The name Remington has been associated with firearms for 200 years. The company was founded in 1816, when 22-year-old Eliphalet Remington II began making rifle barrels. By the middle of the century, he was on his way to becoming a major force in the world of firearms manufacturing, along with contemporaries like Samuel Colt and Horace Smith and Daniel B. Wesson.
Remington played a significant role in defining the history of the American West, and the company impacted the world during global wars. Fast-forward 200 years. The company is now known for a wide array of sporting, self-defense, and military firearms. As the company continues to grow, it stands as a symbol of the past, present, and future of American ingenuity.
Select Notable Remington Guns Through History
Remington’s Big 5**
Everyone has their favorite Remingtons. Some people appreciate the antiques, while others trend toward recent guns for practical use. The Big 5 guns represent a snapshot of an era of change for the company.
Models 31, 870, 700, 1100, and 3200 all reflect the changing commercial market and show how Remington adapted to it.
After WWII, designers Mike Walker and Wayne Leek fostered a shift away from pre-war-style guns. The Model 31, a favorite among traditionalists and connoisseurs, represents the old guard—beautiful walnut stock, bluing, and hand-craftsmanship. The 870, 1100, 700, and 3200, however, epitomize the new era of simpler, cost-efficient, yet accurate products that come in a dizzying number of variants. This level of adaptability to diverse consumer preference has led to the company’s success.
Model 31 Slide-Action Shotgun
In 1931, the Remington Model 31 shotgun was developed as the company’s first side-ejecting slide-action. It has been offered in 12, 16, and 20 gauges. Initially, this gun was meant to compete against the Winchester Model 1912. It ultimately was phased out by the 870 and discontinued in 1949.
Model 870 Slide-Action Shotgun
The Remington Model 870 shotgun is the best-selling gun in Remington history. Introduced in 1950 to replace the Model 31, it has been produced in a vast number of variants and is still in production. Versions have been made for military and law enforcement, as well as for the traditional sporting market.
Model 700 Bolt-Action Rifle
Introduced in 1962, the Model 700 rifle was the latest technological advancement in a series of Remington bolt-actions, one that employed a round-profile action. While many variants exist, it also introduced another successful Remington product—the 7mm Remington magnum.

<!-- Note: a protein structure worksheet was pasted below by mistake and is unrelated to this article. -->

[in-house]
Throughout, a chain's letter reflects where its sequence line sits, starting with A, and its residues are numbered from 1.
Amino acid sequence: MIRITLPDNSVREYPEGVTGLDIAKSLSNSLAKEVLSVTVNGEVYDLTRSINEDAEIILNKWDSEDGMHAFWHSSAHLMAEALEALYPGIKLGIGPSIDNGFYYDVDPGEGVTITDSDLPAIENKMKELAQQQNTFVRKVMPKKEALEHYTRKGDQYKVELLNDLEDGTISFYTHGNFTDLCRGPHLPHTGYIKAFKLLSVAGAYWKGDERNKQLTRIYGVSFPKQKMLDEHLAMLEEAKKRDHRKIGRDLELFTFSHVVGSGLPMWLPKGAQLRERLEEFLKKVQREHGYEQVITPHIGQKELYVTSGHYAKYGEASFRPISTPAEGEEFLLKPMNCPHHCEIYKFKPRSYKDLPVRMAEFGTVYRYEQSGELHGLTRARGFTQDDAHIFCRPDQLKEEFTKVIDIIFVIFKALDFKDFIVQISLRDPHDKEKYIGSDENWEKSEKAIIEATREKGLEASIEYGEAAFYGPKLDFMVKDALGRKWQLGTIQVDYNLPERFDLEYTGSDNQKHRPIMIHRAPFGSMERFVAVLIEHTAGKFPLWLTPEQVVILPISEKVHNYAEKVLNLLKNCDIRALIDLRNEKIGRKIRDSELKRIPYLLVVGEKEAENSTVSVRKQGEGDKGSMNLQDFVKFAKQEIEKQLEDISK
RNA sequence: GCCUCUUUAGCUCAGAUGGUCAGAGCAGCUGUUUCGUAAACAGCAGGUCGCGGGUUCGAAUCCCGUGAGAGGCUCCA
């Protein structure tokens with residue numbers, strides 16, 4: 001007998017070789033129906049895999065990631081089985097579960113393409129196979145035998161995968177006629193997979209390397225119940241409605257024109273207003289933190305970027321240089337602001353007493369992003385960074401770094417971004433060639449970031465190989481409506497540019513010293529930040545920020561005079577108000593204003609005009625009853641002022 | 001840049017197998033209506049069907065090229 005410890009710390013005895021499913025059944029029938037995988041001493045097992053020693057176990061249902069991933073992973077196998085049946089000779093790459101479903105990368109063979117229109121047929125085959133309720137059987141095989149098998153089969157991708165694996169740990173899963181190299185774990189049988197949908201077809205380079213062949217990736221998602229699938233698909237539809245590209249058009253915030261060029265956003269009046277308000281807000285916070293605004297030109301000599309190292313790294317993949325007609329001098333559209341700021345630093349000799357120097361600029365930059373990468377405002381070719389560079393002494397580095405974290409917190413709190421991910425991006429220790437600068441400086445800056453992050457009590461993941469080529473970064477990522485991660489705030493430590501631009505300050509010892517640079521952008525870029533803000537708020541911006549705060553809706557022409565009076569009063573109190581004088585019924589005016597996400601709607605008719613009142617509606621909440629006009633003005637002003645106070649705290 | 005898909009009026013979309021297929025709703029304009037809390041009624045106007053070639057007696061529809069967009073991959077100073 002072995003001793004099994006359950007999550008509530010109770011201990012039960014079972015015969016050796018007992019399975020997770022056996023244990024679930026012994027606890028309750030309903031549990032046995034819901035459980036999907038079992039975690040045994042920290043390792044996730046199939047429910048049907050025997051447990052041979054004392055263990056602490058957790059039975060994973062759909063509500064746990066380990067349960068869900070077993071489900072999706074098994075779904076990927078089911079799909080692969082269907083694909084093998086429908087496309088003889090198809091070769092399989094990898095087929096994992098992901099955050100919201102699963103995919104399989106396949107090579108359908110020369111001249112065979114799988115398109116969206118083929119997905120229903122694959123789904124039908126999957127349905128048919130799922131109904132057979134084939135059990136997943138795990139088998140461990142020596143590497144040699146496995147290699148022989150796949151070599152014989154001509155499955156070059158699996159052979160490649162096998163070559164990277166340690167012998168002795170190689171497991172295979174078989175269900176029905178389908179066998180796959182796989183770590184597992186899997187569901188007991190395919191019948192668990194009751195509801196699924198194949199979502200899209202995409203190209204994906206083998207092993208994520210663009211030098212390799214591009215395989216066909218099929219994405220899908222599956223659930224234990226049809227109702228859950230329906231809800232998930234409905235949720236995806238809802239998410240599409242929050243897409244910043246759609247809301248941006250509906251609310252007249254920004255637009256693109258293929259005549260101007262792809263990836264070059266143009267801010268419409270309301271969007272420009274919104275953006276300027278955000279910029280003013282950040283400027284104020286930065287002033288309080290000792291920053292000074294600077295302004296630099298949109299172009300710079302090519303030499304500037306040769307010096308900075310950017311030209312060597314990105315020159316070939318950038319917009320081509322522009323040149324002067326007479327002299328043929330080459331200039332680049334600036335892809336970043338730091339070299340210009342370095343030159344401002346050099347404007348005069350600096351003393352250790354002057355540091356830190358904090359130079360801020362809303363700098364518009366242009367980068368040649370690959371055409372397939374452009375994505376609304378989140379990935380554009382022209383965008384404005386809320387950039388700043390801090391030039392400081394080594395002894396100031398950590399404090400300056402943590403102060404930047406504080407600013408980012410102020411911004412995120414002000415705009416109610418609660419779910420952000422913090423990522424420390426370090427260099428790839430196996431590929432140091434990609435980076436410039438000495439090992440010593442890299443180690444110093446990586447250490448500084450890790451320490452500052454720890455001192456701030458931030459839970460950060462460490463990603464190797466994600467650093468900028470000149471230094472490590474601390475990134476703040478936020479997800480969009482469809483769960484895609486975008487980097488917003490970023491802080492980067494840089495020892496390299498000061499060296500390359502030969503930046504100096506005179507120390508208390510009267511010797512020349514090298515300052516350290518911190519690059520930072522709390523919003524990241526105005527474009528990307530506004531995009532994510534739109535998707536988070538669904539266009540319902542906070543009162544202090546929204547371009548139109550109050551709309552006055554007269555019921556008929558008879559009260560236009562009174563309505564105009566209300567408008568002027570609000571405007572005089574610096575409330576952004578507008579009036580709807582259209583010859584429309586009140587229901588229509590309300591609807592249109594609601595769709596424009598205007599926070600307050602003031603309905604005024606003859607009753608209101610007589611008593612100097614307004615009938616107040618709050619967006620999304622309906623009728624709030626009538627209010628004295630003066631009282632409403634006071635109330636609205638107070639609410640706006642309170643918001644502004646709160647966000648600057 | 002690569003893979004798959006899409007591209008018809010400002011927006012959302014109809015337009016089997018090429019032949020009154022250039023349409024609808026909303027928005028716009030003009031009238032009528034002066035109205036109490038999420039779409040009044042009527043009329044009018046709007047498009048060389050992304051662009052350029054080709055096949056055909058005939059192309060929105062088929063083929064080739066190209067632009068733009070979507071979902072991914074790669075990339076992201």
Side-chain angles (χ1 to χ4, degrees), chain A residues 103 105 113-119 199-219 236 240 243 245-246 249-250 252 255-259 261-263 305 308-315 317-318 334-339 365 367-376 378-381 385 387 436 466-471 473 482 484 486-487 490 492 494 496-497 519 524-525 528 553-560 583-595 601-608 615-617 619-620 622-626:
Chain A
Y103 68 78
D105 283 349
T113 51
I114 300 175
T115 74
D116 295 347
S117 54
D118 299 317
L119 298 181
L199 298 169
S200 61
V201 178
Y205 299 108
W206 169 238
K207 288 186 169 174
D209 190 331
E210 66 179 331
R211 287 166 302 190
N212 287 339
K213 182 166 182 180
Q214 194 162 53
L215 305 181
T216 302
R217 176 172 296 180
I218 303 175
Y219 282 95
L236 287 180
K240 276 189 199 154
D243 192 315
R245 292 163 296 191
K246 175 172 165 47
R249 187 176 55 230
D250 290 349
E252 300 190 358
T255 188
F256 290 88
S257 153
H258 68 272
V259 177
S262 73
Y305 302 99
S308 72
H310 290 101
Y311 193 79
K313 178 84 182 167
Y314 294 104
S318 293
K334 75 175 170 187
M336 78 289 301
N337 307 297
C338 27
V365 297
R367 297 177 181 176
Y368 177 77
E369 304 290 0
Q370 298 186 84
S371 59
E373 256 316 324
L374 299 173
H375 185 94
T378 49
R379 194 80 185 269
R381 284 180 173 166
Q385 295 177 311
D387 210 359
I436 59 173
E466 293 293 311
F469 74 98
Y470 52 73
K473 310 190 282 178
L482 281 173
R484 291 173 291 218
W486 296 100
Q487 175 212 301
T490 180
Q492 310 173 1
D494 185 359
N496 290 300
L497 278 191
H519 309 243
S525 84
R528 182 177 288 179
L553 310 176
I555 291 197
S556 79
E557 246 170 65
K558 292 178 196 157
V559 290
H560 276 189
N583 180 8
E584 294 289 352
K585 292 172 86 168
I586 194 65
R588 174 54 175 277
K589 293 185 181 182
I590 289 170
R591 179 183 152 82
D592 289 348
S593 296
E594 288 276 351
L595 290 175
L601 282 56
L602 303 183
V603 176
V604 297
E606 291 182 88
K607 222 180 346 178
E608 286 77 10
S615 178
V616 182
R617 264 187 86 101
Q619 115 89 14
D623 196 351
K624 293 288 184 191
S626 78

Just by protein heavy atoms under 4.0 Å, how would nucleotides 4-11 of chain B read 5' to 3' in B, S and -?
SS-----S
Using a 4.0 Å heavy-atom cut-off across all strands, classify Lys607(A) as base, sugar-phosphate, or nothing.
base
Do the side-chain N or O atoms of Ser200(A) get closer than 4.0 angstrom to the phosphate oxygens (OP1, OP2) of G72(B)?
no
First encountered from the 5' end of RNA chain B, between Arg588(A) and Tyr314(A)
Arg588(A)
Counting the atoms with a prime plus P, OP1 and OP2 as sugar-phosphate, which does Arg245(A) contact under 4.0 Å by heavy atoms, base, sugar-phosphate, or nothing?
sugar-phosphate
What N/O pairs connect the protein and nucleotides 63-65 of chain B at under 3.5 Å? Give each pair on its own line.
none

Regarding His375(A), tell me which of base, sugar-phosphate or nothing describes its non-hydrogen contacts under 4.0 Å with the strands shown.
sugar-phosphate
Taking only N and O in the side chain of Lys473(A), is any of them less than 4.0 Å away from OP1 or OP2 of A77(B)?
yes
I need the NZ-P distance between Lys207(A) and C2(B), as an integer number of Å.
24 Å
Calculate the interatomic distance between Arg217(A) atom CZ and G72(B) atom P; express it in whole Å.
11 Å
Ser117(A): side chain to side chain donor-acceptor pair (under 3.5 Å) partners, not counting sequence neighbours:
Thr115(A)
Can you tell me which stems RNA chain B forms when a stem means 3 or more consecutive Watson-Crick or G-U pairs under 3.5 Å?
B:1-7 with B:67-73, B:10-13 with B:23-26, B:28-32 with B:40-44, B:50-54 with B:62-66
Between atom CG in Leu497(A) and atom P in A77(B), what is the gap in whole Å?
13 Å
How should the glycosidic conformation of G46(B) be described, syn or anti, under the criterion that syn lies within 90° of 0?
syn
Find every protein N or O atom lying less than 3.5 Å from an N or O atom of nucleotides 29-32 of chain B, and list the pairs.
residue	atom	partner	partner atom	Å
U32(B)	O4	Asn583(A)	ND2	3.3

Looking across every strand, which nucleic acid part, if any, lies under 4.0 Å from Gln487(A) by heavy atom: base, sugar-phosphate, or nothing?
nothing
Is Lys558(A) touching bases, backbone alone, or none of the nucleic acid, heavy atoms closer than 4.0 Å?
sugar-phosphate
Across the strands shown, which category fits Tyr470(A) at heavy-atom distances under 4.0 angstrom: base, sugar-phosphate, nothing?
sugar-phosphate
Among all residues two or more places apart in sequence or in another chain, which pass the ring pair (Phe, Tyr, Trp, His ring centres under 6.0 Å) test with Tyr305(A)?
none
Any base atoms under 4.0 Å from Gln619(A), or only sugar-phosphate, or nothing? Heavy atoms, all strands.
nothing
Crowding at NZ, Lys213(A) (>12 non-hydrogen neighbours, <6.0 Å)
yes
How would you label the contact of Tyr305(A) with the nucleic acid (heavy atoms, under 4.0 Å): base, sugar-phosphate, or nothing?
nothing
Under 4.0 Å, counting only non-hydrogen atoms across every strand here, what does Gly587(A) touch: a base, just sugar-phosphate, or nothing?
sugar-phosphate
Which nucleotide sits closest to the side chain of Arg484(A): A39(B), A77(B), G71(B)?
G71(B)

Model 1100 Autoloading Shotgun
Following a long history of semi-automatic shotguns, starting with the Remington Model 11, the Model 1100 was instantly popular in the hunting and sporting market. Remington produced one million within the first decade. It even has been dubbed the best-selling autoloading shotgun in history.
Model 3200 Over/Under Shotgun
Like other firearms produced by Remington in the post-war period, the Model 3200 was made in a variety of calibers and configurations. It was discontinued in 1983, but it remains popular among clay target shooters who appreciate the way this over/under handles.
Famous Owners Over the Years**
Remingtons are ingrained in the history of the American West, thanks to the notable characters who carried them. Buffalo Bill owned several Remingtons, including a New Model Army that he got after a skirmish with Cheyenne warrior Yellow Hair. He also had a rolling-block rifle given to him personally by one of the Remington sons. His Wild West counterpart Annie Oakley carried a Remington Beals Rifle. And George Armstrong Custer used Remingtons—especially for sport.
The growth of the American West mirrored Remington’s growth. At the time, there was no better endorsement than that of key personalities more famous than the guns themselves. We saw this in the 20th century, when exhibition shooter Tom Frye used his Remington Nylon to set an accuracy record in 1959, which was formerly held by Winchester shooter Ad Toepperwein.
Annie Oakley’s Beals Sporting Rifle
.32 Long Rimfire
George Armstrong Custer’s Creedmoor Target Rifle
Tom Frye’s Model 66 Nylon
Buffalo Bill’s No. 1 Rolling Block Rifle
Yellow Hair’s Model 1860 New Model Army Revolver
The Many Minds Behind Remington’s Designs**
Eliphalet Remington II set the tone for his company when he produced the first cast-steel barrel in the United States. He was a trendsetter. As a result, the company became known for its innovation.
Remington in the mid to late 19th century was a haven for invention. The company welcomed designers from diverse backgrounds to create new and original products not restricted to firearms. Witness the typewriters and sewing machines that bore the Remington name over the years. But its firearms designers were the heart and soul of the company, even if they didn’t always profit personally. Their contributions often were acknowledged in the model names of their inventions. Some of the most iconic and surprising designs are highlighted here.
1920 Keen Sporting Rifle
Inventor: John W. Keene
John W. Keene was a firearms designer out of New Jersey who had perfected a bolt-action-system rifle and magazine. Unfortunately he didn’t have the funds to produce it. In the 1870s, he filed a patent for his design and partnered with Remington.
1850 Hepburn No. 3 Sporting Rifle
Inventor: Lewis L. Hepburn
Lewis L. Hepburn was the superintendent of Remington’s mechanical department and was a member of the Creedmoor International Shooting Team. He created a falling-block rifle, which was sold and marketed by Remington from 1880 to about 1907.